Rita Provatas: Making a Difference for Immigrants Impacted by Domestic Violence
Rita Provatas recognized the need before it was widely known, and has spent much of her career assisting people who often don’t realize they’ve been impacted by domestic violence.
A Connecticut attorney focusing on immigration law, she has skillfully represented immigrants to Connecticut – most frequently youth and women – and assists them in navigating the U.S. immigration and justice systems so they can pursue employment, live safely and contribute to their communities. It is no small task, but one that has earned her unwavering dedication for more than two decades, well prior to the heightened national interest in issues of immigration.
A partner in the New London law firm Provatas & McNamara, she joined the Board of Advisors of The Michael Bolton Charities in 2021. It was a decision driven by a desire to connect the immigrant youth she works with in her legal practice with the tenets of The MBC’s music therapy program – and an interest in spreading the word about a nonprofit organization that is making a difference in young lives. It is a common thread between her legal work and The MBC’s mission.
“These are kids who need support and guidance, so they may have a good home, get back on their feet, and not be afraid to seek assistance,” Provatas explains. “In many instances, in the countries they’ve come from, their mothers do not recognize that what they’ve been through is domestic violence, because their government and judicial institutions don’t treat it that way. Only when their children are impacted do they decide to leave. And those children have already seen and been through unimaginable violence.”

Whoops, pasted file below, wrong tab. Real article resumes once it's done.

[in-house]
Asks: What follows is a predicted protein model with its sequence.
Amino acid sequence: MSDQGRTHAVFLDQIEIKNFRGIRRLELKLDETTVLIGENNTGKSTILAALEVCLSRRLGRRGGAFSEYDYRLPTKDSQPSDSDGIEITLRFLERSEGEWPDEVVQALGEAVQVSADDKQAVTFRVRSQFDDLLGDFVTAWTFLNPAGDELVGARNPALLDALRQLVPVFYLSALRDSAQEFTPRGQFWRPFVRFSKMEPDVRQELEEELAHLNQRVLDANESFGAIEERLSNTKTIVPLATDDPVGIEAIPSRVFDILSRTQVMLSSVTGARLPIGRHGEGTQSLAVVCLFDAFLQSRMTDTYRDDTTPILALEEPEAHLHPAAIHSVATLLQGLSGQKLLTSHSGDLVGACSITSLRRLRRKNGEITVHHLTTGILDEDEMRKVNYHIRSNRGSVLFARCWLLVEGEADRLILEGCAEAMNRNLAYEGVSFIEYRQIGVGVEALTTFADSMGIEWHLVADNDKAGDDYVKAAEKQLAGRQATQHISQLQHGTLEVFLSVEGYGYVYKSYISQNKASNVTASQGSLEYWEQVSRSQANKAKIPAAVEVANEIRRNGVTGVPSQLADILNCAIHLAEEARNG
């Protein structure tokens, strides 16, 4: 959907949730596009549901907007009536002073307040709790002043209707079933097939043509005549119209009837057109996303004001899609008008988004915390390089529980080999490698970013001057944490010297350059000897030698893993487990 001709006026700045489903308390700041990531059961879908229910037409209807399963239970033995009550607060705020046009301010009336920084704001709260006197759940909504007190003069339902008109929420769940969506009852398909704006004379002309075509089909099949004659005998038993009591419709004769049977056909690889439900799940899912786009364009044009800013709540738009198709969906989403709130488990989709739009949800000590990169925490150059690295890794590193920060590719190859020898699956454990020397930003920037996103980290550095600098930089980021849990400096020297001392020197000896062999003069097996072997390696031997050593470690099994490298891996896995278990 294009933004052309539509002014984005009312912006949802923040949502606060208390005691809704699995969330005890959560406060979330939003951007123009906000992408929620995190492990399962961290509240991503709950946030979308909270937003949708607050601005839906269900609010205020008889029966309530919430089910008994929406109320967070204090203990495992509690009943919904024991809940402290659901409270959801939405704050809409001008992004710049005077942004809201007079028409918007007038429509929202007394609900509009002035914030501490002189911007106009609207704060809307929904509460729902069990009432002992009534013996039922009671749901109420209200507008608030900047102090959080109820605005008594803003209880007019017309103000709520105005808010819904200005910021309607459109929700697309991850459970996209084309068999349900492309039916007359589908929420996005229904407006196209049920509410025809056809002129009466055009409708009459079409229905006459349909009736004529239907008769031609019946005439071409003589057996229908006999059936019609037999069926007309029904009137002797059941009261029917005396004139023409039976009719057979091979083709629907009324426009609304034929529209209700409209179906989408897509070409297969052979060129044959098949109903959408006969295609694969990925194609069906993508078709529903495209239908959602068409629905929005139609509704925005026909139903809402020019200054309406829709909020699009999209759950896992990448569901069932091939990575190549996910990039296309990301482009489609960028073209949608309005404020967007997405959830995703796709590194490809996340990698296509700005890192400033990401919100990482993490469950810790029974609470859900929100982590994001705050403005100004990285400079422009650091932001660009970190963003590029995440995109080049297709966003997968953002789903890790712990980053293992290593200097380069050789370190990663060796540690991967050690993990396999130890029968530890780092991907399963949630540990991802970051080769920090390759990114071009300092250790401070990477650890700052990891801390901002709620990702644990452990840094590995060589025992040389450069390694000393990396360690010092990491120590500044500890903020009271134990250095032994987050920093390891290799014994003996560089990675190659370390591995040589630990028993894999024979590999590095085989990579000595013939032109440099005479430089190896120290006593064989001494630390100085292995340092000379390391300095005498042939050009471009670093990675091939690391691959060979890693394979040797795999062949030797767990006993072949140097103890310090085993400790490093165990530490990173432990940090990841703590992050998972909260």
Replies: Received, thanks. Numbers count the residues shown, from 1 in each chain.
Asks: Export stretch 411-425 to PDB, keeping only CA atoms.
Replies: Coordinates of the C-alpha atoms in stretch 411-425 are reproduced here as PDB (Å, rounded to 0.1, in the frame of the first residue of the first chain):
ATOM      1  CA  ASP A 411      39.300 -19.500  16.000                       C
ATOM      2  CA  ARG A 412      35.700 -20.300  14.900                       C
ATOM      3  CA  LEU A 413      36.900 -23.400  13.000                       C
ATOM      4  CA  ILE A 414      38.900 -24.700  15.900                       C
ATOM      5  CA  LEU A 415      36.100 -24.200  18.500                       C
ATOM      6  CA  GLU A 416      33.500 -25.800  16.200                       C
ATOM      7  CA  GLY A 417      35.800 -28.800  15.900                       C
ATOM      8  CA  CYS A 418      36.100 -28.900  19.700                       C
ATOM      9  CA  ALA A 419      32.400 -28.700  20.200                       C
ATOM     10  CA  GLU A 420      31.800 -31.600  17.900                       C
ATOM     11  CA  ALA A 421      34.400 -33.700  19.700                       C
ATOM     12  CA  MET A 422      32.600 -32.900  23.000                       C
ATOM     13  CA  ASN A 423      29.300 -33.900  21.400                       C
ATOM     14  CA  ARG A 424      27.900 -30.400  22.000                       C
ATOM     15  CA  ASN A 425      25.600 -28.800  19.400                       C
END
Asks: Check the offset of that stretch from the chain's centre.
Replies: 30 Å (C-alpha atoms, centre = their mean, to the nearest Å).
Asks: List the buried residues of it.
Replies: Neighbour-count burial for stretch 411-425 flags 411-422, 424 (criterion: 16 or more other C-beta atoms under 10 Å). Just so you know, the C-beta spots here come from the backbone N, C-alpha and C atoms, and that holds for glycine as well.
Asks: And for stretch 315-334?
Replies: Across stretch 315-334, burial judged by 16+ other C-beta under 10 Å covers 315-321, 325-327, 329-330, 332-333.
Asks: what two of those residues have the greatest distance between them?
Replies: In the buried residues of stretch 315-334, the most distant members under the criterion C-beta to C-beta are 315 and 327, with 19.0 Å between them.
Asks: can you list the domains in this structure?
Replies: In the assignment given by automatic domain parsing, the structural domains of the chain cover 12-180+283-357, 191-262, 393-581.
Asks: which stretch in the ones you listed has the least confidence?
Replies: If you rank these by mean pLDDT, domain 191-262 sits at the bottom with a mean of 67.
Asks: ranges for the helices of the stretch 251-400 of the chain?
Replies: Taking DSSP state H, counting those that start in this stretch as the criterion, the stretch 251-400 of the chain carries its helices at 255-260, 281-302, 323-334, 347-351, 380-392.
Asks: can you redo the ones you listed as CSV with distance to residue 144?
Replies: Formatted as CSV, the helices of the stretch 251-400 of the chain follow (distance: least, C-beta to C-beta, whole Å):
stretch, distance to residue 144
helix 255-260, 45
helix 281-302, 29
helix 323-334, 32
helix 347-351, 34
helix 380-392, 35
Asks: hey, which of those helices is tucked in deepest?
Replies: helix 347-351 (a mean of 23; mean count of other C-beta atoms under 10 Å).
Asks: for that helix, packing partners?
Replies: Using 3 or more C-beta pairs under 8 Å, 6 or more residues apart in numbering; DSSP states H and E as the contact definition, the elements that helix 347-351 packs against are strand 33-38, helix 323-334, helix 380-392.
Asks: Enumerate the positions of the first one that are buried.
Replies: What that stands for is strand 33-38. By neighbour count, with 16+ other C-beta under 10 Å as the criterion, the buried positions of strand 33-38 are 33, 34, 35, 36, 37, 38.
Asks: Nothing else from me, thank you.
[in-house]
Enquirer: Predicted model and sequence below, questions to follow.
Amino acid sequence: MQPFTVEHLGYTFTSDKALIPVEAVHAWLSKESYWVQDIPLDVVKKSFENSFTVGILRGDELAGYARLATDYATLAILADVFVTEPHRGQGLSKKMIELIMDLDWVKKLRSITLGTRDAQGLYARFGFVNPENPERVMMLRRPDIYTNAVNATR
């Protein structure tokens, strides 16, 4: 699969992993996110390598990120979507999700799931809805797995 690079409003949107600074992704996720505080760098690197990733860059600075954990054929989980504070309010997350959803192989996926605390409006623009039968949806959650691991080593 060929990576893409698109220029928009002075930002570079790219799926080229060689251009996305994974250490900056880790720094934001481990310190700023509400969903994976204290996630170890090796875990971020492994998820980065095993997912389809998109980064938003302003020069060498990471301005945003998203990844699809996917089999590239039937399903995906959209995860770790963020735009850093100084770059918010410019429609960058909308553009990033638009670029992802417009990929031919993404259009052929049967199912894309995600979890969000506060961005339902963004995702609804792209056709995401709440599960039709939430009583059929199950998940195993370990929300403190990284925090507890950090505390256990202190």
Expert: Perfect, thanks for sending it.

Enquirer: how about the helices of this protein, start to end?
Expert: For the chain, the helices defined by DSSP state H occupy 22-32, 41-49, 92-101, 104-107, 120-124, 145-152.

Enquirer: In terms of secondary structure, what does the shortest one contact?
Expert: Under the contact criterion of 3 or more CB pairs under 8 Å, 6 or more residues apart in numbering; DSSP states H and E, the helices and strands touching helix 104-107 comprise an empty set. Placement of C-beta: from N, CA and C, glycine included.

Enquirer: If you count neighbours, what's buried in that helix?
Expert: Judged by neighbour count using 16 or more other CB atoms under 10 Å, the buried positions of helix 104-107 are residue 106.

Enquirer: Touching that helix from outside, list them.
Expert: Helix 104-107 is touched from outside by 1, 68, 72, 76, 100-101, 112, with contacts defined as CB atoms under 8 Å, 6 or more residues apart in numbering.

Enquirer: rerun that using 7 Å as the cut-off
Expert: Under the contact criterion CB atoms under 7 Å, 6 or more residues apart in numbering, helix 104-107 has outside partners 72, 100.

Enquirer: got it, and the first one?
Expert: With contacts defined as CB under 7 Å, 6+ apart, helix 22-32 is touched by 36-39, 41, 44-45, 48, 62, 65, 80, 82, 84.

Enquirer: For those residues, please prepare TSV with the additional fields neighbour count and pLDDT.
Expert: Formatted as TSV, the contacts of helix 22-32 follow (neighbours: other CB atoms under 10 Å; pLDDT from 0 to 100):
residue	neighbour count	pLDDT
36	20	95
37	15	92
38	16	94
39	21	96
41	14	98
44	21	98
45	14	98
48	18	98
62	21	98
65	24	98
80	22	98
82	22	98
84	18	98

Her many years of frontline experience has demonstrated, time and time again, that domestic violence can, and does, have a devastating impact on children. That is why the mission of The Michael Bolton Charities, with its focus on victims of domestic violence, including children, resonates so strongly. And it is why she readily agreed to join the Board of Advisors when asked last year.
“As with children here who have experienced violence in their homes and in their lives, these immigrant children often need counseling, in addition to resources to help them assimilate. Since English is not their first language, they are understandably mistrustful. They often don’t even realize what they have been through is unacceptable behavior and that there is help for them. It is a lot to overcome,” Provatas observes.
After a dozen years with a leading civil litigation law firm in Connecticut, Provatas and Kathleen McNamara formed a new firm, Provatas &McNamara, based in New London in 2005. She immediately pursued a specialty in immigration law, and it quickly became all-consuming. Some of the youth that she helps navigate through an array of federal agencies are documented, others are in the process of becoming documented. Some have followed a sibling to the United States, others are brought here by a distraught mother fleeing violence directed at their child.
Through the years, Provatas has often found herself guiding children through the immigration process, navigating asylum cases, as American law changed and changed again. She frequently responds to the aftermath of domestic violence, suggesting resources to settle their lives, beyond the courtroom and the justice system. It is as much a passion as a profession. She also serves on the board of the Hispanic Alliance of Southeastern Connecticut, which, while highlighting Hispanic heritage, plays a role in advancing education, leadership, health, and economic opportunity for youth.
The mother of two boys now in their 20’s, Provatas is a graduate of Bates College and the University of Bridgeport School of Law, and is driven - in her work with immigrant youth often impacted by domestic violence - by a fundamental truth: “no child should ever suffer any kind of treatment like these children.”
She looks forward to a deepening involvement with The Michael Bolton Charities, and adding her expertise to efforts to grow the music therapy program and other initiatives that support those impacted by domestic violence who are fervently seeking a better life.